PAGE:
Relax, Living Near A Wind Turbine Won't Hurt Your Real Estate

Time to abandon your NIMBYism: Your back yard is a totally fine place for wind power.

Some have suggested that naming hurricanes after climate-deniers would give anti-science efforts a dose of reality. But if science is the general enemy of the climate-denier lobby, then renewable energy—wind turbines, in particular—has become one of the movement's priority targets.

Last year, an internal memo from an American Tradition Institute (ATI) fellow leaked by the Guardian revealed a set of strategies to take down the wind industry, one of which was to "sue for property value loss to small land holders" and "use all legal cases to create media poster child effect." A new Lawrence Berkeley National Laboratory study using data from 2012 shows that this strategy might not bear fruit: Across 50,000 home sales in 27 counties in nine states, researchers found zero evidence that average home prices were affected by wind turbines nearby.

The 2013 study collected more data than the previous two, looking at homes within 10 miles of the 67 turbine facilities and examining 1,198 sales within a mile of them. Noting that wind production capacity is expected to grow by some 2,750 turbines a year, likely in New York, New England, the Mid-Atlantic, and Midwest, researchers wondered if turbines might create similar problems for home values as living near a new power line or landfill has demonstrated in the past.


Perhaps the Windstrument, a new design for a wind turbine, could actually raise property values?

"Across all model specifications, we find no statistical evidence that home prices near wind turbines were affected in either the post-construction or post-announcement/preconstruction periods," researchers found. "Therefore, if effects do exist, either the average impacts are relatively small (within the margin of error in the models) and/or sporadic (impacting only a small subset of homes)."

As for why turbines didn't cause upset in the housing market, the study authors pointed to evidence that wind turbines might actually have positive qualities that set them apart from landfills, power lines, and noisy roads. Other studies have shown that wind facilities can bolster local government budgets through property tax payments, which in turn benefit local schools. And unlike coal-fired power plants, wind facilities don't spew greenhouse gases and pollutants that can sicken communities.

Willful misinformation about renewable energy might aid a "nocebo effect" when it comes to wind turbine syndrome symptoms, but it appears that the housing market remains staunchly unmoved. Maybe it's time to revise the anti-wind memo?

[Image: Turbines via Shutterstock]

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  • Pingston

    This is a ridiculous claim to make. The study is left undissected, including the connection of its sponsor to governments, turbine makers, and others who have an interest in perpetrating the imposition of wind turbines and their litany of issues on an unsuspecting public. In addition, it totally avoids the evidence from places where wind turbines have devastated property values (see South Western Ontario where the government is pushing 480-foot wind turbines on local communities by scrapping their local planning powers and centralizing approvals in provincial capital of Toronto).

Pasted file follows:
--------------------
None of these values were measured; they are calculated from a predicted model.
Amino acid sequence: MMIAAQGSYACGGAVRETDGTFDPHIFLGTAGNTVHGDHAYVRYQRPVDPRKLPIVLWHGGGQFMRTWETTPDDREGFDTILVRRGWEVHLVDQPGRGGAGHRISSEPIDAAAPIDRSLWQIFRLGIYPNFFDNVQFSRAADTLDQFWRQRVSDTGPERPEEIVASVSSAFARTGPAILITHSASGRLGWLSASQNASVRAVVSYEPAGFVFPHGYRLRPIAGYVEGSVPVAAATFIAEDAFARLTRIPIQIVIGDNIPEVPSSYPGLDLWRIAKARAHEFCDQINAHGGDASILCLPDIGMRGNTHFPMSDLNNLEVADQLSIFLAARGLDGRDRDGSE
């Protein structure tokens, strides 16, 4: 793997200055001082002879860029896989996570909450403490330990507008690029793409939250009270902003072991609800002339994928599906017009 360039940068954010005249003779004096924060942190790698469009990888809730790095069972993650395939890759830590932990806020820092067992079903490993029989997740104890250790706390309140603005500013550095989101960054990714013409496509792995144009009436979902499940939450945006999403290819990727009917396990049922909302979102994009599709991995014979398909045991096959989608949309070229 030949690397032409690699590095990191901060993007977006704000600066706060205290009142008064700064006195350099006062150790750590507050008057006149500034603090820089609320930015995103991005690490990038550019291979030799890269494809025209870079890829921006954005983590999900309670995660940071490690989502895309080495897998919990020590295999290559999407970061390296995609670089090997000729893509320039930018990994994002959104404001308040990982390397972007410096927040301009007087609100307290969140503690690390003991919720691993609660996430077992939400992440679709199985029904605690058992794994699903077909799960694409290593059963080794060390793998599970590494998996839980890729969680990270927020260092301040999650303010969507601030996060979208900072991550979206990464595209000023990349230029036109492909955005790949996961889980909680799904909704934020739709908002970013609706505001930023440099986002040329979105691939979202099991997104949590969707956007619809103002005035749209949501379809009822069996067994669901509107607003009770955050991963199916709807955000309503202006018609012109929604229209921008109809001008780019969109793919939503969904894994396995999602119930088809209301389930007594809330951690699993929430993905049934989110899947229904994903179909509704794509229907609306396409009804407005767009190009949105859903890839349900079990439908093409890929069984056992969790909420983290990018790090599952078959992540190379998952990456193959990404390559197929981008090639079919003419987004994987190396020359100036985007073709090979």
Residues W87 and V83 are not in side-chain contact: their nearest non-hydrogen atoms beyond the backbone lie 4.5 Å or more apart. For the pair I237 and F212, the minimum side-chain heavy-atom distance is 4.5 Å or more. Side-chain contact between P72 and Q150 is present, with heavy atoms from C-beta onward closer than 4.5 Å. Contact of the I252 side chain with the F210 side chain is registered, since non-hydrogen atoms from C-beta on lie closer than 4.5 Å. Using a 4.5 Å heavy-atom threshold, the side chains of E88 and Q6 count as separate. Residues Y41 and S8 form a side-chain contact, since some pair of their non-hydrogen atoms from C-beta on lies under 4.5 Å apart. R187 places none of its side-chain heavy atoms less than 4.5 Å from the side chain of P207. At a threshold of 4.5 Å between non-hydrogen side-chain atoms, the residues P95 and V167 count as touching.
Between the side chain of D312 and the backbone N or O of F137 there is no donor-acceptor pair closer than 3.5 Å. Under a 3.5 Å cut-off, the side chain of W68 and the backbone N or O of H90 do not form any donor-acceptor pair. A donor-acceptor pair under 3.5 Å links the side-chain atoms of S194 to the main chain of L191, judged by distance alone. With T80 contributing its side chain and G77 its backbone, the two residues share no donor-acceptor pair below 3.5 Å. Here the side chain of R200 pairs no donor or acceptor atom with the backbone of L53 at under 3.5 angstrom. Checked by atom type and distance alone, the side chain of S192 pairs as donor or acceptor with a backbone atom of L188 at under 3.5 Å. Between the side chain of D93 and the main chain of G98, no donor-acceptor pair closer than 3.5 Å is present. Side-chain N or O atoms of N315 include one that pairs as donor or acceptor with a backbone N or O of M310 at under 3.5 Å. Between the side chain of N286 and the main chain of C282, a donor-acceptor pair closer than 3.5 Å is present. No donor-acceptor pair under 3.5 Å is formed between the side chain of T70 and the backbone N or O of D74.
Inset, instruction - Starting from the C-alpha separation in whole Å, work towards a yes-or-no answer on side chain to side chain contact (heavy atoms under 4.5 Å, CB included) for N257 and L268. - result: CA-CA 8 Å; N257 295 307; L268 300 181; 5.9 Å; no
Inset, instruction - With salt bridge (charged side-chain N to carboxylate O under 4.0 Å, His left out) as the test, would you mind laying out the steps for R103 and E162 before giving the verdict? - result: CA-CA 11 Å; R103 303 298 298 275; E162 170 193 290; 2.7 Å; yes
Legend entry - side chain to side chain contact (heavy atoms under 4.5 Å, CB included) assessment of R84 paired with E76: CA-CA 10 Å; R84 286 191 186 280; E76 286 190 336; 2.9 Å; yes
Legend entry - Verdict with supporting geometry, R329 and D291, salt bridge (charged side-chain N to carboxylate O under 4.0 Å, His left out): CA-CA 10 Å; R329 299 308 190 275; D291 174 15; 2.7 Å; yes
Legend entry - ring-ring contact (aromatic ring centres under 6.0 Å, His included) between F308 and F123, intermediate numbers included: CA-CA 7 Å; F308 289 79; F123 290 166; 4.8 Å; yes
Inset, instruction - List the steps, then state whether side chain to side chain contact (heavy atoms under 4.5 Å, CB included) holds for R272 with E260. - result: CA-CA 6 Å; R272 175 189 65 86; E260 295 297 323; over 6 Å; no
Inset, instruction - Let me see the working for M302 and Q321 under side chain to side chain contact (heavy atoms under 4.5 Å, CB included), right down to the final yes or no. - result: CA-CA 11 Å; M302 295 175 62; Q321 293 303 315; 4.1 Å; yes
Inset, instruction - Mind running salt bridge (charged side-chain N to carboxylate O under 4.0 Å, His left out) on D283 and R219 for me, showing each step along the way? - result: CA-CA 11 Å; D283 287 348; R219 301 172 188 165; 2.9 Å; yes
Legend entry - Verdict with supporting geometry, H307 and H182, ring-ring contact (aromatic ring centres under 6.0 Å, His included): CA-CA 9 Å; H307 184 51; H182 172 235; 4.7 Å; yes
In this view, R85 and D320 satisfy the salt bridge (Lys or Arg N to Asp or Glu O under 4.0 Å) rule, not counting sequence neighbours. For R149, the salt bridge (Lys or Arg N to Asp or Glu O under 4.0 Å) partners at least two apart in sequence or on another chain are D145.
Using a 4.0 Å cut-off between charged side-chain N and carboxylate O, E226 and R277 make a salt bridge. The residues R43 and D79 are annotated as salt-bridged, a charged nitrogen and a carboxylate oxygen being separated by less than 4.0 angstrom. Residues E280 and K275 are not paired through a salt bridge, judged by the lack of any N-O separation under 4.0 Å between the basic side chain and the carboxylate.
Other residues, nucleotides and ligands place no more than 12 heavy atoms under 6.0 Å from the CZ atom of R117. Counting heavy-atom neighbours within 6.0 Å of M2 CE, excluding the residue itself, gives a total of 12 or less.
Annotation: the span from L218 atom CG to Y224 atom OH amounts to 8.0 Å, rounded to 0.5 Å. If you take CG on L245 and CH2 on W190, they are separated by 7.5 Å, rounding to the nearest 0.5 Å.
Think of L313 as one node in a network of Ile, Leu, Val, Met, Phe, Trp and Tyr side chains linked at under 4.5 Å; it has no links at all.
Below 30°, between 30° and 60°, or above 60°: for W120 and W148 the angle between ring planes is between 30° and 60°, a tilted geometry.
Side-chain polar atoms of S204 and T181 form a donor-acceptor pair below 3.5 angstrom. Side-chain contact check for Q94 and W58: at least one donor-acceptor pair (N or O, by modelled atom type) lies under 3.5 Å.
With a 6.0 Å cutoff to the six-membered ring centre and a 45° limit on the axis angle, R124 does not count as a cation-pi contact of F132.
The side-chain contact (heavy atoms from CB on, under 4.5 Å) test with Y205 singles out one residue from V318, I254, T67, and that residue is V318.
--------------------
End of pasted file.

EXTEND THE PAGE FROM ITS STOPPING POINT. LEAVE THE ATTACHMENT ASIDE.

It's also unfortunate to see Fast Company's good name besmirched by association with such an article headline.

    Without huge government subsidies, wind turbines are not cost-effective. That alone reduces  property values or raises taxes, the same effect. But the problems are more widespread and transcend aesthetics. Noise, both sub-sonic and within the normal spectrum, ruin the night. Wind turbines have been plagued by lubrication issues which are exacerbated by high wind gusts which overwhelm the mechanisms. The resulting turbine fires in multiple countries have created 480-foot torches spraying flame and sparks in high wind (which caused the problem) through fields and neighborhoods typically not manned by emergency equipment able to battle a 48-story fire... Then there's the issue of 200-foot blades detaching and flying through the air during fires or other catastrophic failures. Economically, of course, wind turbines produce most of their juice when it isn't needed, something not true of solar power. And if either were paid the going rate paid to traditional producers, we would likely see much fewer of each

    Want to see the real-world costs? Don't rely on fixed surveys. Talk to people sickened by them. Don't demean people with NIMBY labels.

  • Yugo Cherov

    If I have a wind turbine a mile away from me I would not care.
    If I have a wind turbine a half a mile away from me I would not care.
    If I have a wind turbine a quarter of a mile away I may start to care.
    If I have a wind turbine within 500 feet of me I would definitely care.
    If I have a wind turbine within 250 feet of me, oh heck no.

    The study used 1,198 sales within a mile of a turbine. Now the demographics of an area with wind turbines come into play, but I would be more so curious how many wind turbines were within a quarter of a mile of a home sale.

    Regardless, one would think it would be pretty easy to build wind turbines away from housing given the massive amount of land in the United States. More wind power is definitely better, I just have a problem with the study's sample. ;-)